The Concordia College class of 2013 graduated this afternoon. It was an honor to attend the ceremony (even squished in the faculty seating trying not sneeze and share my spring cold with my colleagues). With the 2012-13 school year now in the books, here are some quick reflections from my first year as a professor. I’ll take Rachel Held Evan’s lead and put them in superlatives form, with the caveat they’re all a bit off-the-cuff.
Biggest surprise: how fast the 70 minutes of class flew by each MWF.
Best book: my Faith and Leadership class read many books (and selections), both together and on individual assignments. Judging from reading reflection papers, however, best book accolades go to Ellie Roscher’s, How Coffee Saved My Life (Chalice, 2009). As one student put it, “I mean, it didn’t even feel like it was fair to read this for class—I enjoyed it way too much.”
Best support: my colleagues in the religion department have been super-supportive of the launch of the Faith and Leadership Concentration in the Religion Major. At every juncture along the approval process and now into its initial implementation, I could not have asked for better support in word and deed.
Biggest news going forward: I’m starting, part-time, a PhD program at North Dakota State University in English: Rhetoric, Writing and Culture. I look forward to exploring a range of research interests, but particularly those in religious rhetoric and new media.
Most dependable lunch buddy: Andrew Lindner, Sociology, whom I can always count on for just the right blend of encouragement and cynicism.
Favorite Faith and Leadership moment: Most classes begin with a F.L. Moment during which we discuss a current event in faith and leadership. My favorite, perhaps, was watching, then discussing, Maclemore’s “Same Love.”
Biggest pedagogical question: What’s the best way for students to engage class readings in discussions? This semester I had students post discussion questions once a week to an online discussion board. I then curated these into a one-page document, and I led class discussions on them. If I stick with this format going forward, I wonder how to encourage more penetrating questions. If I change to having a student discussion leader each class, I wonder how to support that student.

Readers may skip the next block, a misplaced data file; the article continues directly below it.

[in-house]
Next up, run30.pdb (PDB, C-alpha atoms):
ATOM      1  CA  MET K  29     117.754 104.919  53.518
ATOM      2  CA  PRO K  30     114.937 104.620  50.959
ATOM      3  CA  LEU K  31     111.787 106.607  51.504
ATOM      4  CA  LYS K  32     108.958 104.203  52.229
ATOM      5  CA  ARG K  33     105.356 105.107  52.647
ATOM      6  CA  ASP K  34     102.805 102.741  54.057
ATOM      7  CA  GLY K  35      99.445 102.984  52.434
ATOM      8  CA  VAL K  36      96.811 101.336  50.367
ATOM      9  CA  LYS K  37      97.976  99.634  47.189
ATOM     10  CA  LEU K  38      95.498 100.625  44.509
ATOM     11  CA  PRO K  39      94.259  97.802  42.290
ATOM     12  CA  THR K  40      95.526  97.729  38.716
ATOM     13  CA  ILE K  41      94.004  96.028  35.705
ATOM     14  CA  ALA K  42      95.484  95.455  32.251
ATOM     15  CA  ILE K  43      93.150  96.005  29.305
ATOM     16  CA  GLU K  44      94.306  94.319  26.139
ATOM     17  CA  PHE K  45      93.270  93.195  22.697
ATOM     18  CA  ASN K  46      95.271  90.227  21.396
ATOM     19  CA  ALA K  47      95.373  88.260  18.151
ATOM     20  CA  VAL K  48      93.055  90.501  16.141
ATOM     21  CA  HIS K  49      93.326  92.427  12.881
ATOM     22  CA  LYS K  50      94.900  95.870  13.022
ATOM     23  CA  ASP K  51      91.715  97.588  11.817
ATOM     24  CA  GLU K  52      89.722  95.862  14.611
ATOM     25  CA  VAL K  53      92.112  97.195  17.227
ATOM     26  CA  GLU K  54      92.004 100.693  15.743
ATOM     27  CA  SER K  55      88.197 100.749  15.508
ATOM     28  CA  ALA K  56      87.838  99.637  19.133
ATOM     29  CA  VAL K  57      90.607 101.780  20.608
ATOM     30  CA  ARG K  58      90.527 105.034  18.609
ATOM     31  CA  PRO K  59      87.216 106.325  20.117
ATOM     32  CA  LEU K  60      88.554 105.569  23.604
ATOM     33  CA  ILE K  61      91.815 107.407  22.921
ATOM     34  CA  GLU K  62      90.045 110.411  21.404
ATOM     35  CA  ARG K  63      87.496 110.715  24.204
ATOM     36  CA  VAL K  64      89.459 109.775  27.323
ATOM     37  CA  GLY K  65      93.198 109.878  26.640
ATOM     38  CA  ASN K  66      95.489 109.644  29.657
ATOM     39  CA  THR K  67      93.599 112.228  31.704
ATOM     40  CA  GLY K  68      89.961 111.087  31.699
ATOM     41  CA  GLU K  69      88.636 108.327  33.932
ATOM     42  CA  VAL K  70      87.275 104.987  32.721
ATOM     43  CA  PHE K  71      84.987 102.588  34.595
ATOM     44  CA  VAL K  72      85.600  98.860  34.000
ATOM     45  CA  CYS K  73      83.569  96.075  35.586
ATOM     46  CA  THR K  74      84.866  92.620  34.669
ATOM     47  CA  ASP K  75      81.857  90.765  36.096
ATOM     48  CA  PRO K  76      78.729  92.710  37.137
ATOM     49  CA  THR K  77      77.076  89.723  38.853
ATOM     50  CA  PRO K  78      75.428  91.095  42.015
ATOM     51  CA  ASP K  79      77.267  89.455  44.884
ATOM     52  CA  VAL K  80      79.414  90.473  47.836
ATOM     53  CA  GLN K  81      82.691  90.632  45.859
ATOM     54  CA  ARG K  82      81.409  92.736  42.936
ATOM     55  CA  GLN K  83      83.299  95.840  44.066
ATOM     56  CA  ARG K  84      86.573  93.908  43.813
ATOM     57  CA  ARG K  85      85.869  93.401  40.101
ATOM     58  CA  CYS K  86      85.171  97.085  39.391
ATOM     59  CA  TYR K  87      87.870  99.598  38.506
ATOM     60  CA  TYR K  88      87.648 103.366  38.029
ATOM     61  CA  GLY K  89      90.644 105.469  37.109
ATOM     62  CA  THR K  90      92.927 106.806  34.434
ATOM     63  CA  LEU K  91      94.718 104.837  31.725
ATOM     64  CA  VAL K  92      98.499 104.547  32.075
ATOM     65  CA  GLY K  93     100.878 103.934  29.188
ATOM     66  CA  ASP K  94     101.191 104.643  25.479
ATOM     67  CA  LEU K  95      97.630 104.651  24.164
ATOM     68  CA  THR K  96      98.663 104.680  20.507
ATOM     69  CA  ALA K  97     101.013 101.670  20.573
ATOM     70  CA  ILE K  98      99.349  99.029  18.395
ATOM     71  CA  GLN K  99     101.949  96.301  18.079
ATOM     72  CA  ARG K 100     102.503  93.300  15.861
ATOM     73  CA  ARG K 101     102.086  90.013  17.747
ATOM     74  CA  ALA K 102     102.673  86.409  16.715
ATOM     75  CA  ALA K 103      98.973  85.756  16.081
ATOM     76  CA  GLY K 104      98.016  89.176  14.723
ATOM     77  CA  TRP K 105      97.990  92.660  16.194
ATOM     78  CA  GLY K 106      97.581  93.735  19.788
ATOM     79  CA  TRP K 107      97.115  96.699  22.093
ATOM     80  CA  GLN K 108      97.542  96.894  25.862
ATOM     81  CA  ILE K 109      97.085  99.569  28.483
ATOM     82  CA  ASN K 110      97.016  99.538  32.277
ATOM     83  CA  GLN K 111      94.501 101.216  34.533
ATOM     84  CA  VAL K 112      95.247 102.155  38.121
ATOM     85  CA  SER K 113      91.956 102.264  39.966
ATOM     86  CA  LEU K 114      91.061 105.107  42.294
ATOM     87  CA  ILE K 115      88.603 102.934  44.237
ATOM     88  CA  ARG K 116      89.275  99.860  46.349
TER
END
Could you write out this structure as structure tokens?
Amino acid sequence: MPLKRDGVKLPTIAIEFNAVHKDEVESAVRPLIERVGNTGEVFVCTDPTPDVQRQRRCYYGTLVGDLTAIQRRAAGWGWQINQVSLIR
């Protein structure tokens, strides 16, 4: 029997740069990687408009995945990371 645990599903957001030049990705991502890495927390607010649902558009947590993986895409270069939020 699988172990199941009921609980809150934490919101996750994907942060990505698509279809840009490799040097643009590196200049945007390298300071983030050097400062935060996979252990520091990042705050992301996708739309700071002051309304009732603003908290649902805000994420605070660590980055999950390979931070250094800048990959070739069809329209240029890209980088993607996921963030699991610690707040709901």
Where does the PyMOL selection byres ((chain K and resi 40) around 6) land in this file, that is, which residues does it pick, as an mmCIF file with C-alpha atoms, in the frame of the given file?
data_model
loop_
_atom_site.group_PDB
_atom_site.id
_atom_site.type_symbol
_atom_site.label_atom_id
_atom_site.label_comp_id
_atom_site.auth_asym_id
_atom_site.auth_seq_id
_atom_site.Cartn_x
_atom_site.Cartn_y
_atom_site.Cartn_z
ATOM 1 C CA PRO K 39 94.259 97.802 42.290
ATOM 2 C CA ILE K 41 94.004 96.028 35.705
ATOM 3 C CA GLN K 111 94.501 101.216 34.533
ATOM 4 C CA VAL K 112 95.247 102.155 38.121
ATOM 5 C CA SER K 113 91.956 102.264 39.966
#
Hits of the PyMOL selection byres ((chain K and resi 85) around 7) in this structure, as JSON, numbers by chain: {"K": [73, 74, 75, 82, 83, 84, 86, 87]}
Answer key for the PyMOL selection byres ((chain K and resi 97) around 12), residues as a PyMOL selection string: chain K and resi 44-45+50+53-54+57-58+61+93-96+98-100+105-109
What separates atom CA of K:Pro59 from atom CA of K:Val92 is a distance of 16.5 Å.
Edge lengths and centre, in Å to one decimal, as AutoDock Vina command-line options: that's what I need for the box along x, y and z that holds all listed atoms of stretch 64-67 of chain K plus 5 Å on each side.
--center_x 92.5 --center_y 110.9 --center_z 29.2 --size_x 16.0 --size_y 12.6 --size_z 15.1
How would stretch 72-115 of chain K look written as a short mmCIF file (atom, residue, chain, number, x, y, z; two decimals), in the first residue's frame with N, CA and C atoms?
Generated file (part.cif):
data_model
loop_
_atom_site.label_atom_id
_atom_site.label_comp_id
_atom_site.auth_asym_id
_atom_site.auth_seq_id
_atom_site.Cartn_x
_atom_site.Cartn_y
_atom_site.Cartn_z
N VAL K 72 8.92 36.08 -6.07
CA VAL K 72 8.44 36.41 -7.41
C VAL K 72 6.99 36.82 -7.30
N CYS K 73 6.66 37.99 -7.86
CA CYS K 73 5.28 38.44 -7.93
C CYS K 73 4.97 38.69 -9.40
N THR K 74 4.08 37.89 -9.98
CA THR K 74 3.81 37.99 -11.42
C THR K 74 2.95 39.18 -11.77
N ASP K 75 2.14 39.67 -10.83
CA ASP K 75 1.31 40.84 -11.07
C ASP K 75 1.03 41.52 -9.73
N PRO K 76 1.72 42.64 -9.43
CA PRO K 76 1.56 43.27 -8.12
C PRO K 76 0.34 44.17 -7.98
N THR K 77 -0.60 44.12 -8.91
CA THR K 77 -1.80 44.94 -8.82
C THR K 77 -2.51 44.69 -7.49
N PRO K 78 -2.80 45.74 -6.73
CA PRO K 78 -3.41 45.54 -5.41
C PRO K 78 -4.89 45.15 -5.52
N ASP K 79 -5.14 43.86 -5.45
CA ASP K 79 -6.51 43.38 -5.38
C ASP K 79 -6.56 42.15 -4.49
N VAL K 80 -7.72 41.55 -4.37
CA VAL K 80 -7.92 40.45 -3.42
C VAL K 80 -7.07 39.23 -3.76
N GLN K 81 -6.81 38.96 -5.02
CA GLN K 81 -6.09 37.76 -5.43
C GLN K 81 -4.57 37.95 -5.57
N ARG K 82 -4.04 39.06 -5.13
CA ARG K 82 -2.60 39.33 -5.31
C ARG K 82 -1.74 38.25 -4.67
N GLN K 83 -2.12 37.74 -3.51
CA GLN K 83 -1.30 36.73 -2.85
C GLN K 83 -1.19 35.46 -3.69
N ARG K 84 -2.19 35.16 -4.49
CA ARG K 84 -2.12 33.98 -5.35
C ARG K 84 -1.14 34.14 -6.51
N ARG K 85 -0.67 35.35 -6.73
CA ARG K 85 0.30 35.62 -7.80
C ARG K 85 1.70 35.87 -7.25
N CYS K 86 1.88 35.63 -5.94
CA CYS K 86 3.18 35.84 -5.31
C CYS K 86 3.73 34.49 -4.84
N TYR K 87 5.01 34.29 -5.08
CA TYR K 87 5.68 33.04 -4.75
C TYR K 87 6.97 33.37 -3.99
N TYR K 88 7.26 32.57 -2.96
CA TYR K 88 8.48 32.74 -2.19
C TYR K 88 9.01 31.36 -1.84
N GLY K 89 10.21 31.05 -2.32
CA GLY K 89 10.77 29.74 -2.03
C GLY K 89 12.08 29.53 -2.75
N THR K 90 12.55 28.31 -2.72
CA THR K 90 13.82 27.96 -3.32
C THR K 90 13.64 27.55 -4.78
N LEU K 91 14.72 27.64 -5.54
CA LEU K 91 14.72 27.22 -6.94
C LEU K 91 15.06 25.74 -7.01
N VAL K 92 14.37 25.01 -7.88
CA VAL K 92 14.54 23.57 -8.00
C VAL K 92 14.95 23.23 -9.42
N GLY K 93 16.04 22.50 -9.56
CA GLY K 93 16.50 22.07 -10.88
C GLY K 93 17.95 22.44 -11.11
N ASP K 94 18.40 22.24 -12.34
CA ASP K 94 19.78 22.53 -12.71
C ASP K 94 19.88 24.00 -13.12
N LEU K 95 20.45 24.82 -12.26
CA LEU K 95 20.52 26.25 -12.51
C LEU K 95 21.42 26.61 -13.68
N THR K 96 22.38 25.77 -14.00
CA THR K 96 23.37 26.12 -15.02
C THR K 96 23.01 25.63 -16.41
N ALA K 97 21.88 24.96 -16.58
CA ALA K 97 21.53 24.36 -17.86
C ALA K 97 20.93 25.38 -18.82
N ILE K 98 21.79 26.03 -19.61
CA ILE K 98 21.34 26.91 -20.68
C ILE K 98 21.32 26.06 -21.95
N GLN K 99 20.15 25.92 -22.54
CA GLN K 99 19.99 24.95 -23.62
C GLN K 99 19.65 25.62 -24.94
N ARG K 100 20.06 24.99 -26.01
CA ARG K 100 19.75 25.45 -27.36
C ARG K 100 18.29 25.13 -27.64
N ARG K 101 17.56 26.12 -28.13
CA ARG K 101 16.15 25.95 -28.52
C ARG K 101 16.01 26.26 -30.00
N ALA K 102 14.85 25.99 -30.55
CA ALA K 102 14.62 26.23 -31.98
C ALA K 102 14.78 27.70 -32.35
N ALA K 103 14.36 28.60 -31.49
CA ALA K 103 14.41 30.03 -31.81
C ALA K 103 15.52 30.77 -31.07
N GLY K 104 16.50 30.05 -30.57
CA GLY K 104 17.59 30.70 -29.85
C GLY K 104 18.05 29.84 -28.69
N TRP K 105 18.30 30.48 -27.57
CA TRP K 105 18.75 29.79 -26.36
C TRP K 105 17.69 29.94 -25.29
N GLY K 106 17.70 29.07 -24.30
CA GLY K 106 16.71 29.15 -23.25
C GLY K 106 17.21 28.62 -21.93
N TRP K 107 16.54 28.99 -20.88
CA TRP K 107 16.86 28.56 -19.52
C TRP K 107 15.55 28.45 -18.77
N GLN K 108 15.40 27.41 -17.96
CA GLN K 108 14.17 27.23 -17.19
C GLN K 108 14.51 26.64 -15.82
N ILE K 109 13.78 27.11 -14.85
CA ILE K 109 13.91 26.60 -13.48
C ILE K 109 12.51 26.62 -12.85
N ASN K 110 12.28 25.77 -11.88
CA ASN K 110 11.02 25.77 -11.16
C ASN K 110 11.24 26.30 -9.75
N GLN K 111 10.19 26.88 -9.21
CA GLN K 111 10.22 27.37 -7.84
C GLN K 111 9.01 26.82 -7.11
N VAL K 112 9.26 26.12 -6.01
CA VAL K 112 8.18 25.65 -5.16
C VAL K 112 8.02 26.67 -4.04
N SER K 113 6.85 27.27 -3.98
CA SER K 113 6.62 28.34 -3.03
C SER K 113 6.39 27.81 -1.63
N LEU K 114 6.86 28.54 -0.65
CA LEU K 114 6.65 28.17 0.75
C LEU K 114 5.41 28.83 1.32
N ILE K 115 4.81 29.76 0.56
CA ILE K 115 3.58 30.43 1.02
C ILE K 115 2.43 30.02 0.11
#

Most nerve-wracking: Planning and leading the first annual, best ever “Who BREWs Best” event. (Close second: driving the Justice Journey 15 passenger van back from Minneapolis to Fargo in the wee hours of the morning, in winter.)
Biggest head scratcher: Why is the academy, even as we say/hope/are pushed otherwise, so stuck in our own areas and averse to cross-disciplinary work?
Most exciting partnership developing: Work with Dan Lee and others at Lutheran World Relief to plan a Justice Journey to Nicaragua for students next May.
Most mentioned strategic plan: Concordia College’s, Whole Self, Whole Life, Whole World, of course.
Best Maize meal: Anything with potato wedges.
Least second-guessed decision: Asking students to call me “Adam.” “Professor Copeland” works OK, but it doesn’t quite fit perfectly. I never regretted “Adam.”
Biggest adjustment: Having a job with colleagues, an office to go to, and institutional support, rather than working from home and calling all my own shots as with The Project F-M.
Best advice taken: A former professor of mine encouraged me to set aside at least one day in my calendar each week for writing. With a few exceptions, I was able to do that this year and I so appreciated the practice. I hope to expand to 1.5 days next year.
Proudest moment: Seeing my students leave campus to, as our mission statement says, “influence the affairs of the world.”